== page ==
Phil gobbled down his mussels then sopped up their creamy, spicy Cajun broth with pesto bruschetta and fries. We also shared a perfect bowl of dirty rice.
We broke up the long walk back to our hotel on Frenchmen Street with a cocktail here and a cocktail there before making a late night stop at Café du Monde for beignets and café au lait. I suppose a visit to this uber famous spot is something you must do once in your life, but we were unwilling to wait in the daytime lines. A middle of the night trip was just the solution.
It’s impossible to decide whether the food or the cocktails steal the show in New Orleans; please oh please don’t force me to decide. One evening, while enjoying a pre-dinner cocktail at the bar at Arnaud’s, we struck up a conversation with a local who held a degree in culinary history with a specialization in classic New Orleans cocktails. I tried to hold back my excitement – play it cool, Cari, play it cool, try not to talk using too many exclamation points – as he told us the history of the sazerac and ordered me a version of the classic cocktail the way it was originally intended – with cognac instead of rye whiskey.
He walked Phil and me through the streets and rattled off facts and tidbits about the old guard restaurants in the French Quarter, telling us tales of fourth-generation waiters and asking us to peer into a window like any other that revealed a long, narrow room stacked with bottles and bottles of wines and liquors. Only the best restaurant patrons from the oldest families had a key to this cellar, and they chose their libations at will before meals.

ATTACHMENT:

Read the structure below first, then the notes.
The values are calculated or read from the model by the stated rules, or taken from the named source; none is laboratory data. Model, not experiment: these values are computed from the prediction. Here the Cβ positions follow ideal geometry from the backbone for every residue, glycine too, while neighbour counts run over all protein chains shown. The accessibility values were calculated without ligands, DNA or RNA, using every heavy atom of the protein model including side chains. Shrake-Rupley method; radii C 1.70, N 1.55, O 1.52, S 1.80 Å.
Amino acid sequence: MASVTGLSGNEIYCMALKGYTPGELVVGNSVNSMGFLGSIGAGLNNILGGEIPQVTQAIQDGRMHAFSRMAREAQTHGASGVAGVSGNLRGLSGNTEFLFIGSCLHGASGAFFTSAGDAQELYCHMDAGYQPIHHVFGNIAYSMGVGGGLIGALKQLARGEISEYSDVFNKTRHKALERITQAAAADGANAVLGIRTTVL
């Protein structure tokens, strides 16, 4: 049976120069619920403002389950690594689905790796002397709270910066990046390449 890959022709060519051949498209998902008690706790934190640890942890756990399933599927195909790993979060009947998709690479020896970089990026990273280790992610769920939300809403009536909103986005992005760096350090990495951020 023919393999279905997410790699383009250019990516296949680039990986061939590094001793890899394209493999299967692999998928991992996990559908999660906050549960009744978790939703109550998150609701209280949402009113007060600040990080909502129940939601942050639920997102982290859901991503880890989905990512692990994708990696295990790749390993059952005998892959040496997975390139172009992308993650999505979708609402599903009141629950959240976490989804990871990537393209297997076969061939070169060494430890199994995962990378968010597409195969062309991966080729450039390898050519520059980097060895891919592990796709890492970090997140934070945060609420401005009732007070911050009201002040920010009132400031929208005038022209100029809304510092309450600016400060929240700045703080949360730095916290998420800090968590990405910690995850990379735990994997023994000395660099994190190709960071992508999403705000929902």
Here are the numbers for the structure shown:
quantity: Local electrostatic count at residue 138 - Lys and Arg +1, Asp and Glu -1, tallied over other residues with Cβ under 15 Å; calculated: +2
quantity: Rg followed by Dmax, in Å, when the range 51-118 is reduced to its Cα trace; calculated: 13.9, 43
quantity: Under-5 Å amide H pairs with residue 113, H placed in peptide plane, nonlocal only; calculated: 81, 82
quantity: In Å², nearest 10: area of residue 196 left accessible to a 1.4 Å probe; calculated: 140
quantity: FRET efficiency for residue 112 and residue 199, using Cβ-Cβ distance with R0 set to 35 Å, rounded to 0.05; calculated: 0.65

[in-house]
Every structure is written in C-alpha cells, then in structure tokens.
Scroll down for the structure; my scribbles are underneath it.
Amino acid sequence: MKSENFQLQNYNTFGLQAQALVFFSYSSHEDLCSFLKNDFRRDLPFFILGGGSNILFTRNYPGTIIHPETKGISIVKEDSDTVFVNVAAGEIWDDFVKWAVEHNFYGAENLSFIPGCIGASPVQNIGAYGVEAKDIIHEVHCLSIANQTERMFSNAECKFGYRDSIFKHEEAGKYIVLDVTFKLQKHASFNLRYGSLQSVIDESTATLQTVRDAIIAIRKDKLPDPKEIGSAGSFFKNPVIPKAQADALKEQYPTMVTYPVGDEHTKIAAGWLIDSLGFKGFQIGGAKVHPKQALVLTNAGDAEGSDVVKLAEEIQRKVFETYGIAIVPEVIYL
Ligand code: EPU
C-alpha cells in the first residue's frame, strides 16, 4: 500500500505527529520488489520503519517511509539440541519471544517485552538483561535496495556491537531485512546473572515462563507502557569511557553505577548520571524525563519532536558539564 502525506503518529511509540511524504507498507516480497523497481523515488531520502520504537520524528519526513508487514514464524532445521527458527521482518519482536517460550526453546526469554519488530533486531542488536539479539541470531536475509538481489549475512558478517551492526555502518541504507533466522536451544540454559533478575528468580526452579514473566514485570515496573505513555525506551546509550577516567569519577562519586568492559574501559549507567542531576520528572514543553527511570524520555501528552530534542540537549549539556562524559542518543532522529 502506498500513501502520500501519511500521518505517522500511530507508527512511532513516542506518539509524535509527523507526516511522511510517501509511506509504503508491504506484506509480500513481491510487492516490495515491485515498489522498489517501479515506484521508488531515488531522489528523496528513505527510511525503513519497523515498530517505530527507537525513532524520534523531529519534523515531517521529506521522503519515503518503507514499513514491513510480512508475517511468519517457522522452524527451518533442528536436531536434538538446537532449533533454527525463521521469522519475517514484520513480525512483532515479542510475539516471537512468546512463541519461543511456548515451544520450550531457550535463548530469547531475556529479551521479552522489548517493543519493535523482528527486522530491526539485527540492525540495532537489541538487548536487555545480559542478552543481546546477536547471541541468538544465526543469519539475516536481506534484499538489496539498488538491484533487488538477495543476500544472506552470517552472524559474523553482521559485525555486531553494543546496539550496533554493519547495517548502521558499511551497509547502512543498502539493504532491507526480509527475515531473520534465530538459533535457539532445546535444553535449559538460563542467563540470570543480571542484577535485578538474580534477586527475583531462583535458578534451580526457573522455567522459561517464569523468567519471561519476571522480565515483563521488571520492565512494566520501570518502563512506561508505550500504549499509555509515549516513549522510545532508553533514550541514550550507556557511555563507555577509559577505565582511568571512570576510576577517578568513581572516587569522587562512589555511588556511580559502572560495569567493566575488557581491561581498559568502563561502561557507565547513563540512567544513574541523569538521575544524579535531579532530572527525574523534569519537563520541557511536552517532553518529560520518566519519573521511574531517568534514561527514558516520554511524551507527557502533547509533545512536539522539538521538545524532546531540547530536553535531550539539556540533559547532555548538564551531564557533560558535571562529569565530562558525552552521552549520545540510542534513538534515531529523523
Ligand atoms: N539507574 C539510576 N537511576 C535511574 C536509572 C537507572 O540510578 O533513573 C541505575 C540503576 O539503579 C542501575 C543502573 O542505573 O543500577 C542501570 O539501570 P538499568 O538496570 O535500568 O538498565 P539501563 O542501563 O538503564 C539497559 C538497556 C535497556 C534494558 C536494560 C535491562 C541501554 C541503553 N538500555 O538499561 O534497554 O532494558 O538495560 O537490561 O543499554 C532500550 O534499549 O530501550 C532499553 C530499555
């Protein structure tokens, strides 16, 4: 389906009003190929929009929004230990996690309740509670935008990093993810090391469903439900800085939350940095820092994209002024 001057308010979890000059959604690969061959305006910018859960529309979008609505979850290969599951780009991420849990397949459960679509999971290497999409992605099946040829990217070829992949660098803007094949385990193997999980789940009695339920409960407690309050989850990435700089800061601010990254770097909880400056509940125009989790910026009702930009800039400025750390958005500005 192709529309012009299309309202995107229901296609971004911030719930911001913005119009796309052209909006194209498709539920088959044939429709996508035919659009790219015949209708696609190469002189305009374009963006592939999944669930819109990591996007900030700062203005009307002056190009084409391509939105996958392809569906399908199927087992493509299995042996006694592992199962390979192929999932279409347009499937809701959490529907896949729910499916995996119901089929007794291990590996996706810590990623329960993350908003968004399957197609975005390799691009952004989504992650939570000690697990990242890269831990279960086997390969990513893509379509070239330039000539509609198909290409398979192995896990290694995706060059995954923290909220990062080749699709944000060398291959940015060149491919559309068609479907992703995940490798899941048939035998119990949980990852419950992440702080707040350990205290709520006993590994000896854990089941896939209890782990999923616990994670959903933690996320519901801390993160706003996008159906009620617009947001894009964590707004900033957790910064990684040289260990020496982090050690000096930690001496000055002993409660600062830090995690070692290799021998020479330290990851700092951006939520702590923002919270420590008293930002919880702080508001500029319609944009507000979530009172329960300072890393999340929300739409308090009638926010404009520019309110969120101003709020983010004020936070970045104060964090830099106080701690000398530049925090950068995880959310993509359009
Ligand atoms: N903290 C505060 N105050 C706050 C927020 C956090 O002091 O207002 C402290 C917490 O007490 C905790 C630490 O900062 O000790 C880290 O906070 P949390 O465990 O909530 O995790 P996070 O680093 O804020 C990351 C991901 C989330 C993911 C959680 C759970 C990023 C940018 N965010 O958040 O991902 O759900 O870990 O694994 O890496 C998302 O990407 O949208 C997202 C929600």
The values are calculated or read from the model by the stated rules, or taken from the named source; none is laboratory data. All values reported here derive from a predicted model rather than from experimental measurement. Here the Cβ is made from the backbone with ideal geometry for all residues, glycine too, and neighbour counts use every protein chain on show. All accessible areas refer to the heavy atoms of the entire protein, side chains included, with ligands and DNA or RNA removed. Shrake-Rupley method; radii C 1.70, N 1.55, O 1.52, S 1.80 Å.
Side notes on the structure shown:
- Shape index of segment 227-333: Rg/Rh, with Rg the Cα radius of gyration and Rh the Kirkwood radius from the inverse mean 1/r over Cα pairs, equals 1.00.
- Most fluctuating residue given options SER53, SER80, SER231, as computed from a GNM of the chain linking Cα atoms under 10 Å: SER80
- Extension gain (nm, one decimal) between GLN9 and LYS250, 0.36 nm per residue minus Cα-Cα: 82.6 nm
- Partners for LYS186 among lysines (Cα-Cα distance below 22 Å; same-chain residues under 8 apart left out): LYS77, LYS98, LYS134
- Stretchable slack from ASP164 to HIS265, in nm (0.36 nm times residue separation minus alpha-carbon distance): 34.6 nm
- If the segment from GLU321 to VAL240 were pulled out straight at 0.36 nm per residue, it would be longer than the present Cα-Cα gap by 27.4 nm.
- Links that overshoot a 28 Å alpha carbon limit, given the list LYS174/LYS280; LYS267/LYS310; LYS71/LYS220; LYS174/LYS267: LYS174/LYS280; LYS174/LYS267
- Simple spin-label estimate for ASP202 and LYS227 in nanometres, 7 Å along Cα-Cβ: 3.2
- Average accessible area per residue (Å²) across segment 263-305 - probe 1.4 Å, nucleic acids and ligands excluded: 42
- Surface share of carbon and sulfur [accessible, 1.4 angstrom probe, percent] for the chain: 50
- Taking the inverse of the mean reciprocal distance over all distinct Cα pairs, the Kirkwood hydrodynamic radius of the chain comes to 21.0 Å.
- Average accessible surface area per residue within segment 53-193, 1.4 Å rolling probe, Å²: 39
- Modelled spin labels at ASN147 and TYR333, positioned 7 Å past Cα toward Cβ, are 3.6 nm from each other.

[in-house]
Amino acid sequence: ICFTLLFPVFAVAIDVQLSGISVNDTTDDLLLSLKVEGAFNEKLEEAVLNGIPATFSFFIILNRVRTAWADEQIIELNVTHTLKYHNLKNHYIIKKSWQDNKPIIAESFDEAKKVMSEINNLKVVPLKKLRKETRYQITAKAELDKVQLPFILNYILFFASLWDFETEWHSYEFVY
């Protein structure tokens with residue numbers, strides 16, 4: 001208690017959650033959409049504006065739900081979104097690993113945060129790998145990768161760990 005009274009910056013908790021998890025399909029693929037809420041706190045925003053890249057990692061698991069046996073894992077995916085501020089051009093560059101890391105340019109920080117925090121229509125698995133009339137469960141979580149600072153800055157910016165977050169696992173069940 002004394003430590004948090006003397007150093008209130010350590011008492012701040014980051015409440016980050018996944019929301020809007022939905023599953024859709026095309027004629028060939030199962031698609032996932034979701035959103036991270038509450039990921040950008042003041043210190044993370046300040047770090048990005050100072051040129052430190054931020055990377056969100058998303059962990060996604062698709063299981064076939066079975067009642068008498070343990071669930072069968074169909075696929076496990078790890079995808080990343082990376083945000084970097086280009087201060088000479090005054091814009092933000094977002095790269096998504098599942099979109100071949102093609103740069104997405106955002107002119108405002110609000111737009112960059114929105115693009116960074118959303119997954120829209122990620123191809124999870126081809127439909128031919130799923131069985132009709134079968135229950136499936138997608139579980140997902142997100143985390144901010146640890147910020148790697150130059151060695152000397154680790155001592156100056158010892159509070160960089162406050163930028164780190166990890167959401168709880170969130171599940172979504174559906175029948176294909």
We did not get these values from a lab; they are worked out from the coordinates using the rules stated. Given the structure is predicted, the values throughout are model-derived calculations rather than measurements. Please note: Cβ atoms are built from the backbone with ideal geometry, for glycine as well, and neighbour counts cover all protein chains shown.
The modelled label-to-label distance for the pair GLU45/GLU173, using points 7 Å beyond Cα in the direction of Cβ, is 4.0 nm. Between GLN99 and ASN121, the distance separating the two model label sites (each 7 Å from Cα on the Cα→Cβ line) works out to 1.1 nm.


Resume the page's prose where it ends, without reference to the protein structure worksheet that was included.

He led us to Pirate’s Alley where the bartender slowly dripped absinthe over sugar cubes from an octopus-like contraption. He took us to the Carousel Bar and talked about legendary writers and celebrities who stayed in the Hotel Monteleone and enjoyed drinks right where we were standing. And he recommended we cap off the night with a Pimm’s Cup and sultry jazz at Three Muses, which was right next to our hotel (we did as he instructed).
I don’t remember his name, although he paid for all our drinks that night. His hospitality was unmatched and back at the hotel, in a cocktail cloud, I thought, This is my favorite city. Ever.
In the light of day the reality that we were scheduled to return home made me sadder than I expected it would. In an effort to delay the inevitable and squeeze in one more N’awlins feast, we drove out of the French Quarter to brunch at Elizabeth’s.
It’s a pilgrimage many make, mostly for their infamous praline bacon, which I obviously had to try before leaving town.
And knowing a nap was surely in my future during the long car ride home, I ordered grillades and grits. Slow-cooked beef, stewy and rich and homey, slopped over an unconstrained pile of relaxed grits… relaxed… relax… nap… goodbye New Orleans. I'll diet until next time.